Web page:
Thursday, January 07, 2010

True... and False


Michael Tomasky argues that, whatever was happening behind the scenes, President Obama should have made a big show about his response to the Christmas attempt to down a jetliner.
If I'd been advising him, I'd have said: fly back to Washington the day after Christmas. Don't just be engaged and concerned, as I have little doubt he was from Hawaii. Look engaged and concerned. In our climate, the latter is as important as the former. Cancel your vacation. Head back to your desk.
Tomasky attempts to argue a distinction between the way liberal and conservative minds respond to this type of situation:
The conservative mind is more likely to want to provoke some degree of alarm and concern - think back to the days of calls for constant vigilance against the communist menace, etc.

The liberal mind is more likely to want to reassure, to say that things really aren't as bad as they seem. I'm down with this point of view as a general matter, but there are moments when the situation demands, shall we say, a kind of symbolic clarity.
I think his description of the conservative mind might be better attributed to the conservative politician. I'm not sure that there are a great many conservatives who desire overblown, hysterical efforts to drive up their fear levels - even if we assume that they're more responsive to that type of manipulation than liberals.

Sure, the point is valid that liberals (and the Democrats) tend to come late to efforts to put spin on things, allowing others to get in the first word or impression. Sure, it's true that the Democrats' responses are typically more fact-based and reassuring, as compared to the Bush/Cheney response of "don't think too hard because you're supposed to be afraid". Perhaps there are lessons the Dems can draw from that, one of which I hope won't be to use misleading statements and overblown reactions to whip up a climate of fear. But let's be real for a minute.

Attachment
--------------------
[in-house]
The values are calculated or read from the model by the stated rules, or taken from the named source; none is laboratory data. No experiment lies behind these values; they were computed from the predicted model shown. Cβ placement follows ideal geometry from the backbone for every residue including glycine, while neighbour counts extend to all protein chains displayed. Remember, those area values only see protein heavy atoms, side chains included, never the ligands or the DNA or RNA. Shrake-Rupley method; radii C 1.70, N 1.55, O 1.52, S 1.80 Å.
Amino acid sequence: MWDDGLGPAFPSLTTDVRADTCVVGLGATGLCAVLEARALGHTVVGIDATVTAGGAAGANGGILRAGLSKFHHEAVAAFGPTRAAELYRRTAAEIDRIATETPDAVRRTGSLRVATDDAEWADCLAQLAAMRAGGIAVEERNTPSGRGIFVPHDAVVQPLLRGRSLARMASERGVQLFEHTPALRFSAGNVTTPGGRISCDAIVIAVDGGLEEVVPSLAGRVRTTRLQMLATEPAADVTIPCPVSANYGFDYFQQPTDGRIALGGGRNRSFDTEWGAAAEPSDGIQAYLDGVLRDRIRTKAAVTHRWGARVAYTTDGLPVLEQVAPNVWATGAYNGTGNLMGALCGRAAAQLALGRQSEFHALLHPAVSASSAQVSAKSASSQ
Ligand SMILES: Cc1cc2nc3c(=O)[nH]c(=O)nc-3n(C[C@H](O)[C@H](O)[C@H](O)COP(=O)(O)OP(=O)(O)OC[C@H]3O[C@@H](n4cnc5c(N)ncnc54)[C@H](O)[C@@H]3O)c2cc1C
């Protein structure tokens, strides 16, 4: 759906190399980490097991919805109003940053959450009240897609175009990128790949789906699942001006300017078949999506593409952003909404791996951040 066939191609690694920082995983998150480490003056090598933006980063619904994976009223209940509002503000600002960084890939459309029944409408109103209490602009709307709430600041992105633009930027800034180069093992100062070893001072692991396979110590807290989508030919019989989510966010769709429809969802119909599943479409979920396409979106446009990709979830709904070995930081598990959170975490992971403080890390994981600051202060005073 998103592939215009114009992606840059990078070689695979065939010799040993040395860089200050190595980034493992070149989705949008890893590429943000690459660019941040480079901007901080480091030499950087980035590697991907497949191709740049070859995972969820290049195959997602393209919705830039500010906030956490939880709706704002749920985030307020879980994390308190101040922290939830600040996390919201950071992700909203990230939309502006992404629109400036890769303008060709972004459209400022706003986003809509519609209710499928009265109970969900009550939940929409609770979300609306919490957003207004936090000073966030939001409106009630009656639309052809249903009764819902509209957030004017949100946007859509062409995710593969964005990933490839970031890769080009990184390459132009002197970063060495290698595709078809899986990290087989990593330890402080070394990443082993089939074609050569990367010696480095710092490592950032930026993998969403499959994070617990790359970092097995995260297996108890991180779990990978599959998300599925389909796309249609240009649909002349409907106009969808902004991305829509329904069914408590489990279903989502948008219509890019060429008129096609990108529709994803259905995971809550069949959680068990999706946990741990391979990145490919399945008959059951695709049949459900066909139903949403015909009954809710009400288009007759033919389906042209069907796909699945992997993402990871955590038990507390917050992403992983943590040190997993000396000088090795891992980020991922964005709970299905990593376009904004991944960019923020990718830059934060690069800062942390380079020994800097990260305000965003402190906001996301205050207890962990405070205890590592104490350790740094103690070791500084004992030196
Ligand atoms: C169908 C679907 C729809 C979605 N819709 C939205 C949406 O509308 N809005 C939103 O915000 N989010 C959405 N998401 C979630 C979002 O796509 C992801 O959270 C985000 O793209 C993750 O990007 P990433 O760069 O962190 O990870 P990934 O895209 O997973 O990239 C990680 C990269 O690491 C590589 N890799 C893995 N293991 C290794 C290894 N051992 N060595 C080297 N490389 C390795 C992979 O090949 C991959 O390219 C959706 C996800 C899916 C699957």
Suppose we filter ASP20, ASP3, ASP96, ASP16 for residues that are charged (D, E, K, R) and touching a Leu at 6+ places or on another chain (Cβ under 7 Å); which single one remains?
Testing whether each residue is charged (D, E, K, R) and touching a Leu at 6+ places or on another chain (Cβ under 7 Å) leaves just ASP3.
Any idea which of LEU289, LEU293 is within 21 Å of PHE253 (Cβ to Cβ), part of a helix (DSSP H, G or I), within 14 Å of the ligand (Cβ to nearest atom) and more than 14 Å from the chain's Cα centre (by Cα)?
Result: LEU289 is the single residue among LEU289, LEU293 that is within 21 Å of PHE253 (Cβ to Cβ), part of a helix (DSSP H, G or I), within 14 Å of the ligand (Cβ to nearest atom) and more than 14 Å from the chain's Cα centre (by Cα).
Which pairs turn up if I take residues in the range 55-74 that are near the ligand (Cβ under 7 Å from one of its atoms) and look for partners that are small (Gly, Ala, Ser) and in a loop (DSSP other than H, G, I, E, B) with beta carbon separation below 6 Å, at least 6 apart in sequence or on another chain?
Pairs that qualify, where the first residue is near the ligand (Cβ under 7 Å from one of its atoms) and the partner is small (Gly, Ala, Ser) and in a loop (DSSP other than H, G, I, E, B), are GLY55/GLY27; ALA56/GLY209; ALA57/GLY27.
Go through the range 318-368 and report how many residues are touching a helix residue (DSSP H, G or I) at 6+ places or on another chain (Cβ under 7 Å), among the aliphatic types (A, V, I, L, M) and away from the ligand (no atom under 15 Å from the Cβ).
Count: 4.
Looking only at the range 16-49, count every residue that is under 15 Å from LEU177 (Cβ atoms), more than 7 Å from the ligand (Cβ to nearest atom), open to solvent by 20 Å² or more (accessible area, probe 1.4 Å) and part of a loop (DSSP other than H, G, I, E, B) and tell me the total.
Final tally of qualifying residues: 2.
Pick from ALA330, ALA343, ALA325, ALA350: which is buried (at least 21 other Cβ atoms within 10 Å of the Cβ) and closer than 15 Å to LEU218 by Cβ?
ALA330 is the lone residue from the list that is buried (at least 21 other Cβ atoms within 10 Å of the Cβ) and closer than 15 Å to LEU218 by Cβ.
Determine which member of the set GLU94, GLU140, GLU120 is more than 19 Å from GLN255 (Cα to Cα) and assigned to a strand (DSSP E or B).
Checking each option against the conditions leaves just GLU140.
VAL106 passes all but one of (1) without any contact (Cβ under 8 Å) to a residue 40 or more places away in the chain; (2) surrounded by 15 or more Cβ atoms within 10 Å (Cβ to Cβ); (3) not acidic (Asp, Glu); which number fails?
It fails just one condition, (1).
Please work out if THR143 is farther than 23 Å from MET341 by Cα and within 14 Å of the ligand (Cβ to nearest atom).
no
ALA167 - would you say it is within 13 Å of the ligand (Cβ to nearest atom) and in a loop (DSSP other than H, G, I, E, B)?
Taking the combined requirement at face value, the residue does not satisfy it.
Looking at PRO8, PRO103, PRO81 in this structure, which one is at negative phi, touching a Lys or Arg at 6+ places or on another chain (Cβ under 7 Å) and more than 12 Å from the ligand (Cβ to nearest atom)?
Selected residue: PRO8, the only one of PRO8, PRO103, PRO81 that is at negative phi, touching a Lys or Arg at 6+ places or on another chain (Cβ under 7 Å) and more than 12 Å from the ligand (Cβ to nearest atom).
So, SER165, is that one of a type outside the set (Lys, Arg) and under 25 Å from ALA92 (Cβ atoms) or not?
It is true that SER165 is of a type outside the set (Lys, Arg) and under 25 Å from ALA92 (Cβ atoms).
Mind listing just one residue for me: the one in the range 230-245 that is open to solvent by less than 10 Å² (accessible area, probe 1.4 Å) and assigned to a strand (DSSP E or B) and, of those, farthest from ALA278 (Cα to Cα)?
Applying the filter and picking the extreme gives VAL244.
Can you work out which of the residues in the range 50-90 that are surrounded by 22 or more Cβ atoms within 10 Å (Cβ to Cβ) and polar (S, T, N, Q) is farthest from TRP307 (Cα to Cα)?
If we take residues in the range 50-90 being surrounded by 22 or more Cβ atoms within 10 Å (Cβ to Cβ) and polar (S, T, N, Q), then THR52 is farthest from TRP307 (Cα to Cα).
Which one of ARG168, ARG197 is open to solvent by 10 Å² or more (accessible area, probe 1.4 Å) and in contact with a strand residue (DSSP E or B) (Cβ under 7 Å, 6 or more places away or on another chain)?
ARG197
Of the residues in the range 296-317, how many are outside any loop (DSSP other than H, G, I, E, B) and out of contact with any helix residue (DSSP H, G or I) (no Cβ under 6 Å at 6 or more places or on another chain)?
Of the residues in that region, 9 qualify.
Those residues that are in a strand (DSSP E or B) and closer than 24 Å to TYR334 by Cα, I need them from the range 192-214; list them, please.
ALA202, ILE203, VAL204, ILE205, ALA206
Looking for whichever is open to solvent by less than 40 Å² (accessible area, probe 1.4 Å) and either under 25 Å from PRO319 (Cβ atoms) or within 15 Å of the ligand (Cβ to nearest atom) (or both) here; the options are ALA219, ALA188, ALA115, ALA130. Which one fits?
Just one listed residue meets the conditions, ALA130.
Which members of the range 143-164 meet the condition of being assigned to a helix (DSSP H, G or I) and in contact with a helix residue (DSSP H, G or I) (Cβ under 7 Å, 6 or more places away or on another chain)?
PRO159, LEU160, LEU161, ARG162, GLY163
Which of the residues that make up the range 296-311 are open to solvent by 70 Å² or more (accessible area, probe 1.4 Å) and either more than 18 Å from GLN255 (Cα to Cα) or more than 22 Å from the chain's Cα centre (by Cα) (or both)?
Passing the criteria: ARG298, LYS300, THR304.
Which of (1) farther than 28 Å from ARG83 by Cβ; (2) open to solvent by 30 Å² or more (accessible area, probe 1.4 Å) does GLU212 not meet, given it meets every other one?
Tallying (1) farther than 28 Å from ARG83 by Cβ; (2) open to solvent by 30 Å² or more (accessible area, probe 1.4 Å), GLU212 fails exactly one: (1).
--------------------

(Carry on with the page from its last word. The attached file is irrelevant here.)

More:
Even had Obama done everything that the Republican talking heads say he "should have done" - which was a lot more than G.W. did under analogous circumstances - the criticism wouldn't be any lighter. It would just be the remaining subset of the current criticisms, plus a new set of made-up complaints. "He should have been calm and Presidential, but instead he acted hysterically and ran back to Washington, giving al Qaeda a huge victory."

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